I have always found this passage quite powerful—and tragically true. What can the good and wise man do in the midst of wolves? As we see over and over again in history, there is an answer besides hiding from the storm . . . an answer that both Socrates and Jesus gave to their fellow men. Was it right? If it was right, should we be happy that God rules the universe in such a way? I do not deny that there are plausible responses to these questions, but they are legitimate questions. They lie behind the impious effrontery of the Grand Inquistor, the rant of Thrasymachus, and the anguished attempt to escape nihilism by Nietzsche.

Returning to the angry blog entry where the writer makes an almost religio-racial attack on Orthodoxy:

Eastern Orthodoxy will never, ever, ever take root in the Western soul. At best, it can sprout shallow roots until the next spiritual fad or tent revival comes along. The soul of the West speaks Latin, prays to statues, and fidgets with rosaries. The soul of the West is covered with side altars, wears lace, and sports a lop-sided birretta. And the soul of the West doesn’t particularily care what was done one thousand years ago, or whether such-and-such a practice was precisely what the early Church did.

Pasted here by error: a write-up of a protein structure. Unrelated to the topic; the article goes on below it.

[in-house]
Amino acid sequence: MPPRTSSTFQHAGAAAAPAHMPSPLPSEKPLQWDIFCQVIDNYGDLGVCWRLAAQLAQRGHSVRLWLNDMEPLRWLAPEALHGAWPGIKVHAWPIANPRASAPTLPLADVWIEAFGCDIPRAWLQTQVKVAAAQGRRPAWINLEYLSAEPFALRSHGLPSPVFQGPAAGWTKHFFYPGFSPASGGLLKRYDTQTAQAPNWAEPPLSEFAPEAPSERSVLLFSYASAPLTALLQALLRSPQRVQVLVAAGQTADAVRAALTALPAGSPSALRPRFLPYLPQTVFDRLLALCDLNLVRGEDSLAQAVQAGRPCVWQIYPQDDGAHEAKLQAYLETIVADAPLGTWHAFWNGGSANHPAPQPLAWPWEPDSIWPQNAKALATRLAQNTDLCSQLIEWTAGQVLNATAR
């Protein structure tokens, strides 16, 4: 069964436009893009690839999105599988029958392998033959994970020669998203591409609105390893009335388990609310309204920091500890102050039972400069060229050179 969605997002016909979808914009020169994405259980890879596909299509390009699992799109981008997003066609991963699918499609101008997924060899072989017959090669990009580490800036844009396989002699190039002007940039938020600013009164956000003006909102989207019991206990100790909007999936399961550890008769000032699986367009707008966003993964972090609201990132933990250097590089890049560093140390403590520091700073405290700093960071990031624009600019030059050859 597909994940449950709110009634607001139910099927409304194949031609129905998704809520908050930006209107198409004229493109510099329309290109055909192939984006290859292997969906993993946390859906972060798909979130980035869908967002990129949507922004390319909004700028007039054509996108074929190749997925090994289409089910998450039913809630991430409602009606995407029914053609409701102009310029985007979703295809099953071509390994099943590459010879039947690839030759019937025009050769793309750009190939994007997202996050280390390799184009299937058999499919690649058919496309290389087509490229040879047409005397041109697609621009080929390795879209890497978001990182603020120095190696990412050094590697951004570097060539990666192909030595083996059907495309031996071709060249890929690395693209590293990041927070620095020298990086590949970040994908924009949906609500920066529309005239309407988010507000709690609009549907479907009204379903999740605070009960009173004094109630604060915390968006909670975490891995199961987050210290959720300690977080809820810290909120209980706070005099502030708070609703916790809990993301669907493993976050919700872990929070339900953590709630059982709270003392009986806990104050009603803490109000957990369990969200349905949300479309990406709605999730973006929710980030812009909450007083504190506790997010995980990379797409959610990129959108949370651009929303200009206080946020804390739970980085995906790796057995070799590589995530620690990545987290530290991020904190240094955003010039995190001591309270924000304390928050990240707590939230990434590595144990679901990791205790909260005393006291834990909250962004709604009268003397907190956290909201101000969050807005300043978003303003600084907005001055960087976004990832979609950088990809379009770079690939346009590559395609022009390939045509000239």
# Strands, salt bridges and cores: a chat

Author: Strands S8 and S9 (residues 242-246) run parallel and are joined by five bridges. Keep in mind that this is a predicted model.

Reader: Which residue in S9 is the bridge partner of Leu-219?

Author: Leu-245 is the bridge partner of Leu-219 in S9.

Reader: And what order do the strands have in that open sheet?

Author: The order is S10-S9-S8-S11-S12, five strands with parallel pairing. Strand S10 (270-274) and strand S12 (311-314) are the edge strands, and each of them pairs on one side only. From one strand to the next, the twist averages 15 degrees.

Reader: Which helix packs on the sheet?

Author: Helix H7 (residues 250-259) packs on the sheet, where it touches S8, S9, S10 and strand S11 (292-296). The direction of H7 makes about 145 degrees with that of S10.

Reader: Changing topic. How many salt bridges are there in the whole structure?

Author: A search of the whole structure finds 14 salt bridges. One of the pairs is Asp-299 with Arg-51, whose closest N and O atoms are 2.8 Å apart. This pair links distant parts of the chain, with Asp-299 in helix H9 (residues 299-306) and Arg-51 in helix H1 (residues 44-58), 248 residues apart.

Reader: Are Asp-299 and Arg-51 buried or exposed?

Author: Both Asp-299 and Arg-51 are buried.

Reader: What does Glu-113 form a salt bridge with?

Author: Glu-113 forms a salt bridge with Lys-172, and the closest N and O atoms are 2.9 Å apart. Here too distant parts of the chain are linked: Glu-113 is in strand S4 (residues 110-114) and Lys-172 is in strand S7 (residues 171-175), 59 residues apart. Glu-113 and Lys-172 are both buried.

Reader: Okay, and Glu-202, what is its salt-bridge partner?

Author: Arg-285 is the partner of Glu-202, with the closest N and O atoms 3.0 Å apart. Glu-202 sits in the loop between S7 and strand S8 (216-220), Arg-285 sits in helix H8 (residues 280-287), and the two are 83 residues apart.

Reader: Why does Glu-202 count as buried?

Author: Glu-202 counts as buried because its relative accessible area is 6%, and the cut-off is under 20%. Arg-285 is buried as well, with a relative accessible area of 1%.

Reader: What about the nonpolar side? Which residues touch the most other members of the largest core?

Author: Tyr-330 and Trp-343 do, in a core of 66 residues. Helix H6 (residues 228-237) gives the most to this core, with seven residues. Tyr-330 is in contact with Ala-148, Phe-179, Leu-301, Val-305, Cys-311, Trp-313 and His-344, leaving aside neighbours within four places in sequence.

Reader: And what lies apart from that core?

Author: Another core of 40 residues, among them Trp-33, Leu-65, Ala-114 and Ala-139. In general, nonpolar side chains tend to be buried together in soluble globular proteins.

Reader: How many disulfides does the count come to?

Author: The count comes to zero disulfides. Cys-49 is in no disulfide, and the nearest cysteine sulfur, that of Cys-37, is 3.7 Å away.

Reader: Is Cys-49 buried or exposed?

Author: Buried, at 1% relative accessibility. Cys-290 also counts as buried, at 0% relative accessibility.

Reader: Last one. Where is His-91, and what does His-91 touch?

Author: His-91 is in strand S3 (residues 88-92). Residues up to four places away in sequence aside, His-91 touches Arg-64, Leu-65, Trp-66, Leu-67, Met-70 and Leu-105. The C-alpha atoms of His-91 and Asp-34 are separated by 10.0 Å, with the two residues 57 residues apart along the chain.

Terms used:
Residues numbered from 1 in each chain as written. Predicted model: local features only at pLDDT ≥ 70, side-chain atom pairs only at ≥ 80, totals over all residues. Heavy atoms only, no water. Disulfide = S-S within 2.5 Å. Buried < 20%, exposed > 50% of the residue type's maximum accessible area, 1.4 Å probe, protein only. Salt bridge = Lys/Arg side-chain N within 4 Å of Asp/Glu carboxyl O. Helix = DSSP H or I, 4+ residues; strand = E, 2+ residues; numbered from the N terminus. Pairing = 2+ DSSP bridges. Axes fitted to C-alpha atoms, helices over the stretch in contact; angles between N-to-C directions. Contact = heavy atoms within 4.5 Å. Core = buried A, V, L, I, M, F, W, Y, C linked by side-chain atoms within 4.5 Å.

Of course, this is nonsense. If the gospel is true, then culture’s importance lies in its ability to facilitate our growing in Christ—in our theosis. While I am ever ready to support particularity, heritage, and the value of one’s own, transcendent matters trump such chauvinistic concerns. It really comes down to who is right, if anyone, in proclaiming revelation. If the Orthodox Church is Christ’s Church and if the gospel is true, then one quickly ought to forget about lace and statues and whatever else and cling to the thing needful, regardless of one’s pedigree. As the Lord said, “And if thine eye offend thee, pluck it out, and cast it from thee: it is better for thee to enter into life with one eye, rather than having two eyes to be cast into hell fire.” Eyesight is an uncontestable good, and yet it would be better to forego such a great good for the sake of a higher good. Consider then what we should say about lesser goods—the idols of our fancy if they keep us from the truth.